Record type: Article

Abstract

Systematic analysis of a grid of 3450 km of multichannel seismic reflection lines from the Solomon Islands constrains the late Tertiary sedimentary and tectonic history of the Solomon Island arc and its convergent interaction with the Cretaceous Ontong Java oceanic plateau (OJP). The OJP, the largest oceanic plateau on Earth, subducted beneath the northern edge of the Solomon arc in the late Neogene, but the timing and consequences of this obliquely convergent event and its role in the subduction polarity reversal process remain poorly constrained. The Central Solomon intra-arc basin (CSB), which developed in Oligocene to Recent time above the Solomon arc, provides a valuable record of the tectonic environment prior to and accompanying the OJP convergent event and the subsequent arc polarity reversal. Recognition of regionally extensive stratigraphic sequences—whose ages can be inferred from marine sedimentary sections exposed onland in the Solomon Islands—indicate four distinct tectonic phases affecting the Solomon Island arc. Phase 1: Late Oligocene–Late Miocene rifting of the northeast-facing Solomon Island arc produced basal, normal-fault-controlled, asymmetrical sequences of the CSB; the proto-North Solomon trench was probably much closer to the CSB and is inferred to coincide with the trace of the present-day Kia-Kaipito-Korigole (KKK) fault zone; this protracted period of intra-arc extension shows no evidence for interruption by an early Miocene period of convergent “soft docking” of the Ontong Java Plateau as proposed by previous workers. Phase 2: Late Miocene–Pliocene oblique convergence of the Ontong Java Plateau at the proto-North Solomon trench (KKK fault zone) and folding of the CSB and formation of the Malaita accretionary prism (MAP); the highly oblique and diachronous convergence between the Ontong Java plateau and the Solomon arc terminates intra-arc extension first in the southeast (Russell subbasin of the CSB) during the Late Miocene and later during the Pliocene in the northwest (Shortland subbasin of the CSB); folds in the CSB form by inversion of normal faults formed during Phase 1; Phinney et al. [Sequence stratigraphy, structural style, and age of deformation of the Malaita accretionary prism (Solomon arc-Ontong Java Plateau convergent zone)] show a coeval pattern of southeast to northwest younging in folding and faulting of the MAP. Phase 3: Late Pliocene–early Pleistocene arc polarity reversal and subduction initiation at the San Cristobal trench. Effects of this event in the CSB include the formation of a chain of volcanoes above the subducting Australia plate at the San Cristobal trench, the formation of the broad synclinal structure of the CSB with evidence for truncation at the uplifted flanks, and widespread occurrence of slides and “seismites” (deposits formed by seismic shaking). Phase 4: Pleistocene to Recent continued shortening and synclinal subsidence of the CSB. Continued Australia-Pacific oblique plate convergence has led to deepening of the submarine, elongate basin axis of the synclinal CSB and uplift of the dual chain of the islands on its flanks.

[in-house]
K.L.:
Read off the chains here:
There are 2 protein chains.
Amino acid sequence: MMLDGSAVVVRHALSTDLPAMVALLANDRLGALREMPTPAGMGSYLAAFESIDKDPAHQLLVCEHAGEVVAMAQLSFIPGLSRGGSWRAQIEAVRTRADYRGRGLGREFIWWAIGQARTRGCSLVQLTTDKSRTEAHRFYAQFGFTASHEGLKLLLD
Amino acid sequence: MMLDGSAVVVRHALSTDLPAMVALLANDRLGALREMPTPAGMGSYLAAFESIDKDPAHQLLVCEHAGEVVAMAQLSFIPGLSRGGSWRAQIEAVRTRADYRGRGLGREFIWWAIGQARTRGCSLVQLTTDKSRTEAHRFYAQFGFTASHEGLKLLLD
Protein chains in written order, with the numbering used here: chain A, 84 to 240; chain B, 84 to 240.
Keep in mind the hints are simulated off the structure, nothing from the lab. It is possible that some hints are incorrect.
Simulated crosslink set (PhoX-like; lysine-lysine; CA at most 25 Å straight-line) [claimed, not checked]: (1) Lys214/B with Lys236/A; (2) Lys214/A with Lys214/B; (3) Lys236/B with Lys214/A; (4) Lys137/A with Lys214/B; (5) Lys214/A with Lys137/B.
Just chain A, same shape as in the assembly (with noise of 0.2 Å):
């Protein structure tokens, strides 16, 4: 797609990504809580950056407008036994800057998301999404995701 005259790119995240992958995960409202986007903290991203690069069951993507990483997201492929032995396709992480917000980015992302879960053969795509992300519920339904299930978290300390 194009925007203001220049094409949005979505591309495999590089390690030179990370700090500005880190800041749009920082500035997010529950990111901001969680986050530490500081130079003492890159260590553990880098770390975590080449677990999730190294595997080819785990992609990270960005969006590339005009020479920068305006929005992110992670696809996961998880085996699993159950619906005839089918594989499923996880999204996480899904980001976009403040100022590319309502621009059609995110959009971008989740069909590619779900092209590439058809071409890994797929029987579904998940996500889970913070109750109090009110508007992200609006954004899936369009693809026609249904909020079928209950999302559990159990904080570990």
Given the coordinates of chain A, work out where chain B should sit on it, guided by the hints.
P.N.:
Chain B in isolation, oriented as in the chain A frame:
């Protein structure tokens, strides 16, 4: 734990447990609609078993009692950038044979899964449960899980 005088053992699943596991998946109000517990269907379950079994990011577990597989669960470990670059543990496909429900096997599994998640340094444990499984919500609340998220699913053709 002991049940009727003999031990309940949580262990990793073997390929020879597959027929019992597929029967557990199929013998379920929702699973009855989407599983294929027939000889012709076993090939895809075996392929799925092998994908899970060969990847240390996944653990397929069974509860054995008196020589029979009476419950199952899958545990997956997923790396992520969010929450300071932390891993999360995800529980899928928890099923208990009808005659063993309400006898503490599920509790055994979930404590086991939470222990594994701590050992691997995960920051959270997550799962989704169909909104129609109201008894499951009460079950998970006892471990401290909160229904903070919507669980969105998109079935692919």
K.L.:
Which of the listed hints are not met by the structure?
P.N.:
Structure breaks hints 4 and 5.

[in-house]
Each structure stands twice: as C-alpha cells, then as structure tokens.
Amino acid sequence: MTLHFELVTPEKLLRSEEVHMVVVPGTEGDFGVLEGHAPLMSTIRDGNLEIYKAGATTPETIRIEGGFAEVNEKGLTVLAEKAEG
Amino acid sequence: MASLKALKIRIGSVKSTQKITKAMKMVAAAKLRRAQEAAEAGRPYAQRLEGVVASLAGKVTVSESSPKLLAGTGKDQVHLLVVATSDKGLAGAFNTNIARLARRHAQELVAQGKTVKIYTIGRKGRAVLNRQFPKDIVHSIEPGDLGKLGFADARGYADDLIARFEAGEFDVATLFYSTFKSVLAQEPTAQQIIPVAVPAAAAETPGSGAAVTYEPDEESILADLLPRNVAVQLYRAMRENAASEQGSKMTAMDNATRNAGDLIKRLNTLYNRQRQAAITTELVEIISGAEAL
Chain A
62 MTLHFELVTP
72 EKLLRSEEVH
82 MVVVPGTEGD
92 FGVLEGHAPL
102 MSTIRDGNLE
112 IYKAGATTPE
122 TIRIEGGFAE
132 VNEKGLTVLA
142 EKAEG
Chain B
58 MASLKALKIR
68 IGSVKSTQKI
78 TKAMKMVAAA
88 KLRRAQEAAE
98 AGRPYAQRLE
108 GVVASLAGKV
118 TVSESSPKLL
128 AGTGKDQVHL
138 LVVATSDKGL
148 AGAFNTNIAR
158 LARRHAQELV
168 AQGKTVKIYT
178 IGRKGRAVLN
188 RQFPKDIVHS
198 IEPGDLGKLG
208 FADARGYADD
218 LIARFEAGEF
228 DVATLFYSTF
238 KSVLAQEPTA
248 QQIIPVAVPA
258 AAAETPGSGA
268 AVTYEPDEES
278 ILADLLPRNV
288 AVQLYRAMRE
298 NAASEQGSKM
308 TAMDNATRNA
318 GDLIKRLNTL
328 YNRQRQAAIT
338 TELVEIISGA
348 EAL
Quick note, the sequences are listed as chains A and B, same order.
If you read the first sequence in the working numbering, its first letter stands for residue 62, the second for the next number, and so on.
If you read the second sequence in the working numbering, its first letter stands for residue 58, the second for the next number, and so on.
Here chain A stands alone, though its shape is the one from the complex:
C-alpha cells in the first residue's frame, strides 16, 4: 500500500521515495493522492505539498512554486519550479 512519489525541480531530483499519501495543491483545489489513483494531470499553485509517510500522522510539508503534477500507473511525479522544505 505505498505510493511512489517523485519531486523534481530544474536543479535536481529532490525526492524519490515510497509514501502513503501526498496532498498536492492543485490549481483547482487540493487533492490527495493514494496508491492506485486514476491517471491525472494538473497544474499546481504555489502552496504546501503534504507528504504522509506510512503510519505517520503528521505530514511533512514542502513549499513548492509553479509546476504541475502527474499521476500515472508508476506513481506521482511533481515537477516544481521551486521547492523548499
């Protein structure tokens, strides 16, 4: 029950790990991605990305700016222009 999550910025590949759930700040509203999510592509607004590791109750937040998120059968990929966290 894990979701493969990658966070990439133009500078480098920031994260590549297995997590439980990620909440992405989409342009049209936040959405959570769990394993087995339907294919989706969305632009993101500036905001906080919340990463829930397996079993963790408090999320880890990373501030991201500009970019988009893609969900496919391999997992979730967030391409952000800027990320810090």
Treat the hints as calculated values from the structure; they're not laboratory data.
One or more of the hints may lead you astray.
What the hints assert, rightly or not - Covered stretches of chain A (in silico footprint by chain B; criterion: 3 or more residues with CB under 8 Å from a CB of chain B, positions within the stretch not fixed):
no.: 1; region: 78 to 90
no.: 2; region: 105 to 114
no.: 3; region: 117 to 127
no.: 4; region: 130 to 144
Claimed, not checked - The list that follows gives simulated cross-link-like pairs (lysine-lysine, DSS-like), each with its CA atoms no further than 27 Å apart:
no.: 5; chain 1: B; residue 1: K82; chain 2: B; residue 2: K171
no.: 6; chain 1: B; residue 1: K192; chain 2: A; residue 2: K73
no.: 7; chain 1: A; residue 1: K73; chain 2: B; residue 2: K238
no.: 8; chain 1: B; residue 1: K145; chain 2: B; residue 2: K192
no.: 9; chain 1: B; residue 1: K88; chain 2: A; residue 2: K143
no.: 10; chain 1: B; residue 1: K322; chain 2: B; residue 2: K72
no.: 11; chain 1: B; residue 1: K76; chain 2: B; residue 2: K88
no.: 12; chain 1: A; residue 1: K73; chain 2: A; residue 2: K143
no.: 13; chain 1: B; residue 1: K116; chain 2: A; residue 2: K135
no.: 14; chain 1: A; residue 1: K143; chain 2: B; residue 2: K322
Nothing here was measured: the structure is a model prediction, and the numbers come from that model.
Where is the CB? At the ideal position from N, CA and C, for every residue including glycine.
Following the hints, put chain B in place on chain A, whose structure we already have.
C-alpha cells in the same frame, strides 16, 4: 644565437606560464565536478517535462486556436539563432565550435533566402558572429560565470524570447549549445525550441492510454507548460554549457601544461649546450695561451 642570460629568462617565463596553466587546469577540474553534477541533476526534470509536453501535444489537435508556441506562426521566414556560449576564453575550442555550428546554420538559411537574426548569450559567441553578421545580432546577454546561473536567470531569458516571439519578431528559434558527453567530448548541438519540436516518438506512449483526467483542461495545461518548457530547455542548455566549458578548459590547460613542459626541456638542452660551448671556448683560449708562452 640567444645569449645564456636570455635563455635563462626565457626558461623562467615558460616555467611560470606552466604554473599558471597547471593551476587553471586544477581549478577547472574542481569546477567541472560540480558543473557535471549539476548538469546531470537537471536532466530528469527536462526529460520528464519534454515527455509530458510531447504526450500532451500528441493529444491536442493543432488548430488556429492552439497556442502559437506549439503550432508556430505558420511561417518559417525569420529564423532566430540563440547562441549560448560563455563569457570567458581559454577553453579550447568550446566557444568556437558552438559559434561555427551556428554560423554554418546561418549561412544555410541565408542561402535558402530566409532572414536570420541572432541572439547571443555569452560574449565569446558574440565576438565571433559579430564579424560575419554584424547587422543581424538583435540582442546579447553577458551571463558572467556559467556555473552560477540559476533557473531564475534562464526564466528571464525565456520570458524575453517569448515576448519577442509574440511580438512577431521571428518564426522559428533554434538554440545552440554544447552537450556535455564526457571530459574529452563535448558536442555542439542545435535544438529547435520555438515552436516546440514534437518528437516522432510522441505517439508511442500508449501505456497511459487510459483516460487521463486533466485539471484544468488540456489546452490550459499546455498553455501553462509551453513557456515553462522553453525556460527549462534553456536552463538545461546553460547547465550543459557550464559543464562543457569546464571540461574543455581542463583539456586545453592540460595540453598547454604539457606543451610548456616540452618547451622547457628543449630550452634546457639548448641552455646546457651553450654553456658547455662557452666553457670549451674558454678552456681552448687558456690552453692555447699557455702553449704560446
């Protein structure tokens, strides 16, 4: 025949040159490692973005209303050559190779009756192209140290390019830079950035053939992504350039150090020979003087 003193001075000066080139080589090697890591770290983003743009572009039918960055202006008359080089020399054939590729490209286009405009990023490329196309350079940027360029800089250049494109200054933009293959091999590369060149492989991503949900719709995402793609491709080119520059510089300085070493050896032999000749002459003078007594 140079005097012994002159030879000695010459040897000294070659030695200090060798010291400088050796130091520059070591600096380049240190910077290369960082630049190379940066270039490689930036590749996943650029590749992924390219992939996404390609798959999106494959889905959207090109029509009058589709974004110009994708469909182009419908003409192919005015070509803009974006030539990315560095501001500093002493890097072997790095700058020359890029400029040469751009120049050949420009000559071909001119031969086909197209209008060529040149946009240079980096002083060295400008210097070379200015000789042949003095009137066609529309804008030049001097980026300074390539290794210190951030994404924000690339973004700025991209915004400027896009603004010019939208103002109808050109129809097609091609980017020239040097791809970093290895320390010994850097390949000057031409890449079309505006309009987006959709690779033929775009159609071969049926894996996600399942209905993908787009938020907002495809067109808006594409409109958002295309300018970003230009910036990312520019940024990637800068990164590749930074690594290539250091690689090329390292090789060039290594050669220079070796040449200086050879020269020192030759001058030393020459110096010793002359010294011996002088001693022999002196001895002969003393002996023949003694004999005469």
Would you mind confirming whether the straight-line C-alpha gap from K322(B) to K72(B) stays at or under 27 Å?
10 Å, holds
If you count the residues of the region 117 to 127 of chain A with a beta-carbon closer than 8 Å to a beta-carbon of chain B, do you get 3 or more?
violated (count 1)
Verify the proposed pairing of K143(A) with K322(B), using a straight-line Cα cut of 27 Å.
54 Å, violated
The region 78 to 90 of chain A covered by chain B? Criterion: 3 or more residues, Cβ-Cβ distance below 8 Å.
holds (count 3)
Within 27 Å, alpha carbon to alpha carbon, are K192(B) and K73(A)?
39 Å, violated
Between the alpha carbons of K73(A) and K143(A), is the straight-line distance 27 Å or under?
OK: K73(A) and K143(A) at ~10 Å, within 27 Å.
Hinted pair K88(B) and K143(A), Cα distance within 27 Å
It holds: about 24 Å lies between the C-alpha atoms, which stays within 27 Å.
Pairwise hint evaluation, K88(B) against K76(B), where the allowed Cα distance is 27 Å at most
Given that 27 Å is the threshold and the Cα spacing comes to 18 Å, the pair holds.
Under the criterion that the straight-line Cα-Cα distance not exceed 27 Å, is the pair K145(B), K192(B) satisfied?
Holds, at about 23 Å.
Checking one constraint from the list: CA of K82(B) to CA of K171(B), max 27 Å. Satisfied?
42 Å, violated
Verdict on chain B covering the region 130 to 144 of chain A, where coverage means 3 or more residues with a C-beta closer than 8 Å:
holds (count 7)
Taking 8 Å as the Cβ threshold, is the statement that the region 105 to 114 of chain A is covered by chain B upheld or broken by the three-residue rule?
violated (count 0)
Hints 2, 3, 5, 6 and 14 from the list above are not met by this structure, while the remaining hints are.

Full text not available from this repository.

More information

Published date: 2004
Keywords: Central Solomon intra-arc basin, Solomon arc, Oceanic plateau, Subduction polarity reversal

Identifiers

Local EPrints ID: 52444
URI: http://eprints.soton.ac.uk/id/eprint/52444
ISSN: 0040-1951
PURE UUID: 213f92d2-8f02-4340-b98e-0258384a9e3d

Catalogue record

Date deposited: 26 Jun 2008
Last modified: 13 Mar 2019 20:42

Export record

Altmetrics

Contributors

Author: S. Cowley
Author: P. Mann
Author: M.F. Coffin
Author: T.H. Shipley

University divisions

Download statistics

Downloads from ePrints over the past year. Other digital versions may also be available to download e.g. from the publisher's website.

View more statistics

Atom RSS 1.0 RSS 2.0

Contact ePrints Soton: eprints@soton.ac.uk

ePrints Soton supports OAI 2.0 with a base URL of http://eprints.soton.ac.uk/cgi/oai2

This repository has been built using EPrints software, developed at the University of Southampton, but available to everyone to use.

We use cookies to ensure that we give you the best experience on our website. If you continue without changing your settings, we will assume that you are happy to receive cookies on the University of Southampton website.

×